One of the main appeals for expat parents is the German parenting style which encourages children to be self-reliant throughout childhood. Generally speaking, German parents strive to prepare their children to be independent as adults. They view the family home as a place to nurture a child’s individuality and aspirations; yet, without ‘wrapping them in cotton wool’, so to speak.
    not just feed children but teach them to live.
    Essentially, children in Germany are treated more like adults. As a result, men and women will greet and speak to them as such. Interestingly, most youngsters move out of their parents’ home when they go to university, or become financially independent. This is good news for parents hoping to enjoy some well-deserved freedom after raising their children.
    The German practice of giving children more independence early on creates more resilient and responsible grownups, says this American mom. In Germany, as well as other economically advanced countries, children are raised with more freedom than American children. When journalist Sara Zaske moved to Berlin with her family a few years ago, she noticed something different about German parents. They don't hover. They don't follow their kids on the playground or intervene when they fight. They let them go places on their own and play with knives and matches. Zaske was so struck by this cultural difference
    Zaske argues that the German practice of giving children more independence and responsibility early on fosters Selbständigkeit, or self-reliance, and creates more resilient and responsible grownups. Somewhat like Pamela Druckerman, author of "Bringing Up Bébé," Zaske believes that American parents should chill out a bit and not be so controlling, and their kids will still turn out just fine — maybe even better.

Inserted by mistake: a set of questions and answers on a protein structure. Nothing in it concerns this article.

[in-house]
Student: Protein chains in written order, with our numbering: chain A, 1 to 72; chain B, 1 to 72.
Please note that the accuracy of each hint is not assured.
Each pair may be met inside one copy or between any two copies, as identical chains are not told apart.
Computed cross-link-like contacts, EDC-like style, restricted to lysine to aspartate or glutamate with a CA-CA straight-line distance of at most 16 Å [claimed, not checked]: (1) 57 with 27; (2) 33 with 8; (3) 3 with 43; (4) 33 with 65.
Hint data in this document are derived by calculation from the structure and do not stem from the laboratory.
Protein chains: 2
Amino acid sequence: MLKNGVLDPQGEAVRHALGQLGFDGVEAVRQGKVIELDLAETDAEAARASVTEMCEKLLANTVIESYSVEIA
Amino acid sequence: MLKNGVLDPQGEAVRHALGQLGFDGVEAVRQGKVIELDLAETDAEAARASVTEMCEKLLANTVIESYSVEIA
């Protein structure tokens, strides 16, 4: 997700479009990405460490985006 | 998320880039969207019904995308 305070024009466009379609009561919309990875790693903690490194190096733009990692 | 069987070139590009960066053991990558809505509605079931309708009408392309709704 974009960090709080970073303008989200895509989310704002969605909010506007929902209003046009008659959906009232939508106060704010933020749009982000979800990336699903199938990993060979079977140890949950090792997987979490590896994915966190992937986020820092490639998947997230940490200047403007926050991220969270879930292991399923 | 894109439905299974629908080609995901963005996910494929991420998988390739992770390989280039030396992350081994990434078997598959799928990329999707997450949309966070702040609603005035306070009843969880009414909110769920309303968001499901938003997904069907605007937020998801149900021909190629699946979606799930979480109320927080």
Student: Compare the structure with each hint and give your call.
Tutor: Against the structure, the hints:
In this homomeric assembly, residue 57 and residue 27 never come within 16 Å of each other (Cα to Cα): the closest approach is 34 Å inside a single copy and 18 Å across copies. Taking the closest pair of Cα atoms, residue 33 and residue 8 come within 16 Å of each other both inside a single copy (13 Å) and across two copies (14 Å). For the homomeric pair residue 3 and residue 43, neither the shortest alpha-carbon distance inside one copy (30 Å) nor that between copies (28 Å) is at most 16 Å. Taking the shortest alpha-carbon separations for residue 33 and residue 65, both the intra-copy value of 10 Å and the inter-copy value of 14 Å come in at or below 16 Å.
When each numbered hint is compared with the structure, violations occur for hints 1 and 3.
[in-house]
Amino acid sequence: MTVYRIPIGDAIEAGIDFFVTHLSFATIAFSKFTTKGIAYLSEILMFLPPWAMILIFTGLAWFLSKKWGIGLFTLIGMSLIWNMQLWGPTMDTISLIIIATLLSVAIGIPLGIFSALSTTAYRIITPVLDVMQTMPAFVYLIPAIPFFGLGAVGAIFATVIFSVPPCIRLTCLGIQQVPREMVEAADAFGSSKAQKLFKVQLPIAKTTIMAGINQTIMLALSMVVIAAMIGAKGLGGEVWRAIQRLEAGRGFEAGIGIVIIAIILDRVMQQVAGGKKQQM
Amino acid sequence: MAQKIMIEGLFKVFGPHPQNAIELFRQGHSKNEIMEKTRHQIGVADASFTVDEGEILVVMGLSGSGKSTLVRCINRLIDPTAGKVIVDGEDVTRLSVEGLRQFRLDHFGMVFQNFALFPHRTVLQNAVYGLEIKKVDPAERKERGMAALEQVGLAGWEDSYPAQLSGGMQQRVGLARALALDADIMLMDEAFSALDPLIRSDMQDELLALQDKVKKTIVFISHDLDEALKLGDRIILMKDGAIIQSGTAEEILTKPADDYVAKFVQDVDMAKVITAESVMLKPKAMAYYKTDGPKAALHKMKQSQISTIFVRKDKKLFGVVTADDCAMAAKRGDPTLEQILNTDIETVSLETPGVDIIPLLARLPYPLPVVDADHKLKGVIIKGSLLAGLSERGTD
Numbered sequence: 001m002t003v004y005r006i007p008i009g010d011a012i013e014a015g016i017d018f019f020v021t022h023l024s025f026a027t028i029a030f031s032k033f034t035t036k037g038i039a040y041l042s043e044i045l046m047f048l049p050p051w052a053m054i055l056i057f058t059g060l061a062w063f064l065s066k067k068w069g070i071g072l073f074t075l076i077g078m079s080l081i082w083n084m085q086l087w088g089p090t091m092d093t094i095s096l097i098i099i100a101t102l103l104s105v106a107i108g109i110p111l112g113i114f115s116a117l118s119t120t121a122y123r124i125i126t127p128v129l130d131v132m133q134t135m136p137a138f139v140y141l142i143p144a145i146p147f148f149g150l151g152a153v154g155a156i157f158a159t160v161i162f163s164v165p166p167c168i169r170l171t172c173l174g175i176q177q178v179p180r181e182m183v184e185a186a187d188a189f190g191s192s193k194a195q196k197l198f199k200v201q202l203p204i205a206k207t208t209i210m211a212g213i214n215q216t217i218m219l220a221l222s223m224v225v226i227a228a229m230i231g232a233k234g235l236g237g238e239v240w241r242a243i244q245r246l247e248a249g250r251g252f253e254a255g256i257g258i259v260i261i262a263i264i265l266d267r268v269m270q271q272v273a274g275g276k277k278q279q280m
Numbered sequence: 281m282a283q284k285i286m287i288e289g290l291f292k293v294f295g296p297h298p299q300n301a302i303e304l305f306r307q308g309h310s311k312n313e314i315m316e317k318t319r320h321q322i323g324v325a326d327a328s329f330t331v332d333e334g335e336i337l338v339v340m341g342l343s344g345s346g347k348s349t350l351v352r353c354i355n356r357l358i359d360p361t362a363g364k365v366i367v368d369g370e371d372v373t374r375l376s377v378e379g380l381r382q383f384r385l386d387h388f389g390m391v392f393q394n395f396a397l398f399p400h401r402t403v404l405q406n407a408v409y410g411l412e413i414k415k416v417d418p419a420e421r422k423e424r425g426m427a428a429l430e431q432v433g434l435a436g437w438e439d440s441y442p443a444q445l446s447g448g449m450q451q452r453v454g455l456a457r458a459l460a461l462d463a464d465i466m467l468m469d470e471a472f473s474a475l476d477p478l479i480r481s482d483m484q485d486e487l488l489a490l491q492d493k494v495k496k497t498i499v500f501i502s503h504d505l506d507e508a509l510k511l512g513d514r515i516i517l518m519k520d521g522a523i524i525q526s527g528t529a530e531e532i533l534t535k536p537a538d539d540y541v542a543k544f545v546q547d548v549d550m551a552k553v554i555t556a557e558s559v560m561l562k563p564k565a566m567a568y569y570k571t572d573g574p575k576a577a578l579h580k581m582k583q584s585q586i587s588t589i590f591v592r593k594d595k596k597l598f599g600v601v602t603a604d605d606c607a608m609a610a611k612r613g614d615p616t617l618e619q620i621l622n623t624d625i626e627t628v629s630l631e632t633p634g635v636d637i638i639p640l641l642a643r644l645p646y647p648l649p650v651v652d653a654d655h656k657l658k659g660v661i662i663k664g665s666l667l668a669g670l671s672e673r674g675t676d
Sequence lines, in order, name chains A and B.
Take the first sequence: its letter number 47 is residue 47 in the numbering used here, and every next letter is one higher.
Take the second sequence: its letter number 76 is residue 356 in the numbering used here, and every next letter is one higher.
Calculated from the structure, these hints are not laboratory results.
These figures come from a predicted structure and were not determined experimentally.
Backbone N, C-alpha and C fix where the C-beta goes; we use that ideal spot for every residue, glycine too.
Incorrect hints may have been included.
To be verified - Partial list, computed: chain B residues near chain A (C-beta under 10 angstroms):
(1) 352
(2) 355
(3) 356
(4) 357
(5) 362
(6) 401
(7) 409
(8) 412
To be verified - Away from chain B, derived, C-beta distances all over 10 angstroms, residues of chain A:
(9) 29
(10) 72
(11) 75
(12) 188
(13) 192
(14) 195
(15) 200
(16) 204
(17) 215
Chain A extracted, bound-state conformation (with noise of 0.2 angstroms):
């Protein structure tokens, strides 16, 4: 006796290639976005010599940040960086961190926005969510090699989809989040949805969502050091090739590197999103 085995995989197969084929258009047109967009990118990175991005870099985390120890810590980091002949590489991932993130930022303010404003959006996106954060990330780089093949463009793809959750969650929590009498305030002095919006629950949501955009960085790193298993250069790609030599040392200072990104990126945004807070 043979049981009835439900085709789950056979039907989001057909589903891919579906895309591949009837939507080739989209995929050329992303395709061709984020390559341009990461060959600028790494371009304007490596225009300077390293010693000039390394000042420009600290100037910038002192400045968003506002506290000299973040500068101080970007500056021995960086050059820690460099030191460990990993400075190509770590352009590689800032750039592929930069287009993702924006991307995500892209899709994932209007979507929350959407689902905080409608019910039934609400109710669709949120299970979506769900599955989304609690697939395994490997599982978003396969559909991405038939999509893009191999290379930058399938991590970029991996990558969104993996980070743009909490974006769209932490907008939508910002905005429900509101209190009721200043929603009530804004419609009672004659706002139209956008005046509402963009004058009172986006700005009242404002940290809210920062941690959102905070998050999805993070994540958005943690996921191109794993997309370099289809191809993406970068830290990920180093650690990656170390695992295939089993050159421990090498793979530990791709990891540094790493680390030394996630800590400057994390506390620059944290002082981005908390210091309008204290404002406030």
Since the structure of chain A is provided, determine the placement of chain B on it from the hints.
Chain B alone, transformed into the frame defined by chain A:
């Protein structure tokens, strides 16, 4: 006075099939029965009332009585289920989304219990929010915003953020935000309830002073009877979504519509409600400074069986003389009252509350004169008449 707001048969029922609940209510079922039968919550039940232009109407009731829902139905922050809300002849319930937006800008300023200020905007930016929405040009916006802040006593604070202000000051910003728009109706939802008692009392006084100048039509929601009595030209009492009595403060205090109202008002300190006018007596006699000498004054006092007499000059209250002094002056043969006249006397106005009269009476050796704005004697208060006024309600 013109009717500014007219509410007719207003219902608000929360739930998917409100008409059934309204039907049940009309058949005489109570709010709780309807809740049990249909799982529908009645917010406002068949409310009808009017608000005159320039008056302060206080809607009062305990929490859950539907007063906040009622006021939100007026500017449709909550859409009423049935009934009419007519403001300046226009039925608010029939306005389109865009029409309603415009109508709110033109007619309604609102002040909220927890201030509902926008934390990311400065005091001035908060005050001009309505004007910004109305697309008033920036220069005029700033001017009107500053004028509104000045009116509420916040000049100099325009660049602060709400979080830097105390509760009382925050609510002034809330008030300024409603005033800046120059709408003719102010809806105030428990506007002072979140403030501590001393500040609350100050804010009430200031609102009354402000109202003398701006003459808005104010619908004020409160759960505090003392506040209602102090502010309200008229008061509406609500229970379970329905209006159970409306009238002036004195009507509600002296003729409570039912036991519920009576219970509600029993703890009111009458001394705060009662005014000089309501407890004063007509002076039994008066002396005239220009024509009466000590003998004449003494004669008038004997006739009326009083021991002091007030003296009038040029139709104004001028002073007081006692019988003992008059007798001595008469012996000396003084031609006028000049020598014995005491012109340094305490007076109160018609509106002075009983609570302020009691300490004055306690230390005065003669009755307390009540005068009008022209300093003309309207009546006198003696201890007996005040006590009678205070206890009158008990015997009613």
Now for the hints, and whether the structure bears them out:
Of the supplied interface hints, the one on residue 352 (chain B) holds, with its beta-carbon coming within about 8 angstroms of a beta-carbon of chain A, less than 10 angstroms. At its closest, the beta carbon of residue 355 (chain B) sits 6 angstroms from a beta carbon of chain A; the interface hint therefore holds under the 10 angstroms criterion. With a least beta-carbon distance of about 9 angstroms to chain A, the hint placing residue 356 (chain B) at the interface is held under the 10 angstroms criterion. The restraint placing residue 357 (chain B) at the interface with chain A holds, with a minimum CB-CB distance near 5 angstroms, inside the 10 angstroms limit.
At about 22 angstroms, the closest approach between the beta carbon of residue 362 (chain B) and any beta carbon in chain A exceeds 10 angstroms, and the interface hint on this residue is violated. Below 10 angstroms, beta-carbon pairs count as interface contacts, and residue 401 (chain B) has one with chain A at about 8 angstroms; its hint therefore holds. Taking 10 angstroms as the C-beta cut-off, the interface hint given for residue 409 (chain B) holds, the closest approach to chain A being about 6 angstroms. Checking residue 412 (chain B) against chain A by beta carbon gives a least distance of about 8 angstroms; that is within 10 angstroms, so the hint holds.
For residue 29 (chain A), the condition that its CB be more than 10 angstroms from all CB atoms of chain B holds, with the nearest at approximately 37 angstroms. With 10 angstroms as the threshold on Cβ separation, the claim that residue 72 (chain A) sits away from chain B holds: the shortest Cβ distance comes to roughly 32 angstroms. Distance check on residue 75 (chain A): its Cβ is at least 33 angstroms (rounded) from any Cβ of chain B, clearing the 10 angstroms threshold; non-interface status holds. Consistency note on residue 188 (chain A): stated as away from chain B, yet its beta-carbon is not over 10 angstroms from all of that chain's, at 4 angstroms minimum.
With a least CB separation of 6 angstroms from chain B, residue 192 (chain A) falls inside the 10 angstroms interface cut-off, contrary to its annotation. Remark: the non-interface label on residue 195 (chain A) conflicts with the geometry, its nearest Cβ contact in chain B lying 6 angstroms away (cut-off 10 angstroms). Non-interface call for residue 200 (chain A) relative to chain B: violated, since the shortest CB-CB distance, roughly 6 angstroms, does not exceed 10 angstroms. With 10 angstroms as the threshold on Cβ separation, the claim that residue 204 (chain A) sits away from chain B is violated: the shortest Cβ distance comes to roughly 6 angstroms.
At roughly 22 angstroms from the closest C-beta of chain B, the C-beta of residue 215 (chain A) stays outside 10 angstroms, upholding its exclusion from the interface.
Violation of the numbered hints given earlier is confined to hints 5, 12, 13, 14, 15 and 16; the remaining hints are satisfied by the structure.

... agrees that in Germany, as well as other economically advanced countries, children are raised with more freedom than American children, "and the benefits seem to come through for them — they're more self-reliant."
    According to the Gesell Institute, by the time most kids are four they have the vocabulary and maturity to work out disagreements with their peers by themselves. So the next time your five-year-old complains that his playmate or sibling won’t share or let him have a turn, instead of playing traffic cop, try asking, “Do you think you two can figure it out?” (you should still intervene if they’re hitting each other.)
    Yes, it’s often faster and easier if you order for them, but resist the temptation (unless they’re pre-verbal). By letting your kids tell the server what they want, you’re showing that you respect them as individuals and trust their ability to do things on their own, which will build their self-confidence.
    The number-one thing American children need to develop independence, Zaske believes, is more physical freedom. Start small: The next time you take your kids to the playground, try simply sitting on a bench where they can see you instead of following them around. Slowly work your way up to letting them go somewhere by themselves, Zaske suggests: Accompany them the first time they go someplace new. Teach them how to cross the street safely and what they should do if a stranger approaches. Better yet, find a friend or sibling for them to go with. Jennifer Sittason, an American mom who lived in Germany as an exchange student, makes a point of having her son and daughter, 11 and 8, walk to school on their own, even though such behavior is unusual in their hometown of Lynchburg, VA. Christian Dierig, originally from Wolfsburg, Germany, lets his kids, also 11 and 8, ride their bikes to school in Jersey City, NJ. Because of the "crazy drivers" he has them ride on the sidewalk, and he started the process gently, biking alongside them until they were comfortable enough to go by themselves.